The device-related information may include device information, device status information, meter reading data, and consumables information. Device information may include vendor and model information (such as vendor name and model number) for the multifunction peripheral, firmware and software version information for the multifunction peripheral or for components of the multifunction peripheral. Device statues information may include service call numbers, device reachability, and device up/down status. Service call numbers may include predefined indicators of current, past, or reoccurring service issues, such as part failure or paper jams. Meter reading information may include, but is not limited to, total count of pages processed, number of print pages made, number of facsimile pages sent or received, and number of copies made. Each of these quantities may also be broken up into color and black and white. Consumables status may include the status of replaceable parts of the multifunction peripheral, such as light bulbs, gears, rollers, and hinges. Consumables may also include toner levels, paper levels, etc. In addition, the device-related report may have any of the above-mentioned information enumerated for each of the multiple network devices. For example, in the context of FIG. 1, the device-related report may contain two separate numbers: the number of copies for network devices 150 a and the number of copies for 150 b.

Step 210 and 220 may be performed on a recurring basis or may be initiated based on some initiating event. For example, a vendor of a multifunction peripheral may configure the multifunction peripheral to request device-related information once per day, week, or month, depending on the availability of network resources and the frequency at which steps 230 and 240 are executed (described below). As another example, if a vendor and client have agreed to a per-usage billing arrangement, the vendor may configure the multifunction peripheral to request device-related information on an hourly basis to ensure that the multifunction peripheral is able to detect within an hour when the combined usage on the network devices 150 a and 150 b has reached a predefined level.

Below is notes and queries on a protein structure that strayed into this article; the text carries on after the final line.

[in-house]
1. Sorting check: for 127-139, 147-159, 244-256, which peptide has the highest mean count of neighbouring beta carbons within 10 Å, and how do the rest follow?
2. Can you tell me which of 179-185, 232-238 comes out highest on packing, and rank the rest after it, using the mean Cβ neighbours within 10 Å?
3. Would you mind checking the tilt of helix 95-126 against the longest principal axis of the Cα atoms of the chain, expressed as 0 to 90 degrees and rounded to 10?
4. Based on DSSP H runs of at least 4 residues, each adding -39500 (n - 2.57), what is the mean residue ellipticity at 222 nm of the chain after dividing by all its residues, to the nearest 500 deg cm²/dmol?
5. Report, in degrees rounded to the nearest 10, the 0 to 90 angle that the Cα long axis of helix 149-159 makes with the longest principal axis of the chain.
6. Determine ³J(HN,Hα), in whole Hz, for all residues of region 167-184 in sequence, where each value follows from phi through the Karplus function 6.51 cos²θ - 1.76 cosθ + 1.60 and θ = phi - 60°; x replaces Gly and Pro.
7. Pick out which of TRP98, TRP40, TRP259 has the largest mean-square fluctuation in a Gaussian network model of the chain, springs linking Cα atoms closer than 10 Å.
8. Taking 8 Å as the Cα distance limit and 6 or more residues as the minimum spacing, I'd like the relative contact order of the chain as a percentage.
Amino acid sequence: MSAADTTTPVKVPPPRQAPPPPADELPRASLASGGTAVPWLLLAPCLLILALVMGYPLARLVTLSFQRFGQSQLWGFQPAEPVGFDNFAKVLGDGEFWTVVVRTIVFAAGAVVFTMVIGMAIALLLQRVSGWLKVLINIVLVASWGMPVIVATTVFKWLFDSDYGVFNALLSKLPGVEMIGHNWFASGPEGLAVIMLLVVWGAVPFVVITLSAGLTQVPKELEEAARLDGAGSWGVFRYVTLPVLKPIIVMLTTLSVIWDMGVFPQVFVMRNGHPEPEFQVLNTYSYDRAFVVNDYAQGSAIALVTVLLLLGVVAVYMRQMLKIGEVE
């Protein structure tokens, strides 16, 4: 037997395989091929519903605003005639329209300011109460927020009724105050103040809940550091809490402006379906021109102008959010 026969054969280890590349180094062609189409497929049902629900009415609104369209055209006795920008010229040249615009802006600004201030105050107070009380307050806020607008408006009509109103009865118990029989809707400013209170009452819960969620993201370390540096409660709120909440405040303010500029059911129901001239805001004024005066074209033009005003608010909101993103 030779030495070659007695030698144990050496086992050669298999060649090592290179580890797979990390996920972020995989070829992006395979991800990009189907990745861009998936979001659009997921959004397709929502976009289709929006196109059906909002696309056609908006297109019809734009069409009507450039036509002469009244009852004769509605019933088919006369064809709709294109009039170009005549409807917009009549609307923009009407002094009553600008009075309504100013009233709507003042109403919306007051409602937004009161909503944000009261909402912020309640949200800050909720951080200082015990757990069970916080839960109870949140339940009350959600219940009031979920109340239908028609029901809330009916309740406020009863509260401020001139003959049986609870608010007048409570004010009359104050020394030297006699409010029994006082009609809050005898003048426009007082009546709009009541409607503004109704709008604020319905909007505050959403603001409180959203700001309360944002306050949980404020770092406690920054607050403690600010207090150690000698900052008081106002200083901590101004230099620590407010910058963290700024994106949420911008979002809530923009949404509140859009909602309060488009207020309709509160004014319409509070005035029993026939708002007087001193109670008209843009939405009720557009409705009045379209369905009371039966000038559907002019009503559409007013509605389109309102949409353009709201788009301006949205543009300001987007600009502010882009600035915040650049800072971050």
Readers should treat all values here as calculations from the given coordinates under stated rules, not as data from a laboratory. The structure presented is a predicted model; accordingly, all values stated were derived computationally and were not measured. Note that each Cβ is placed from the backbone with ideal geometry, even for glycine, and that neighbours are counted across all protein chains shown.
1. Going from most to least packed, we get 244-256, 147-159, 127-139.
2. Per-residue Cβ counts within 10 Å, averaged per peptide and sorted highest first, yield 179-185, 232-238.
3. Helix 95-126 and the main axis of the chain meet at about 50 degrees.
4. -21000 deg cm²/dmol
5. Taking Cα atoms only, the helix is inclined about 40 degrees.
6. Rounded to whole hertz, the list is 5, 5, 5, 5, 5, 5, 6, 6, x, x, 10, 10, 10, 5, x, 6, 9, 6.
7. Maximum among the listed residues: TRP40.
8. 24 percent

In step 230, a device-related report is generated. The device-related report is generated based on the device-related information received in step 220. In various embodiments, the device-related report is generated based on information from a single network device, from two or more network devices, or from the multifunction peripheral and from one or more network devices. For example, in the context of FIG. 1, a multifunction peripheral 110 generates a report based on the meter reading information and the consumables information from network devices 150 a and 150 b and multifunction peripheral 110.

The device-related report may also contain an identifier for the multifunction peripheral that is sending the report. This may be important if, for example, the recipient device receives reports from more than one multifunction peripheral. The identifier makes it possible for the recipient device to easily differentiate among the multifunction peripherals from which device-related reports are sent.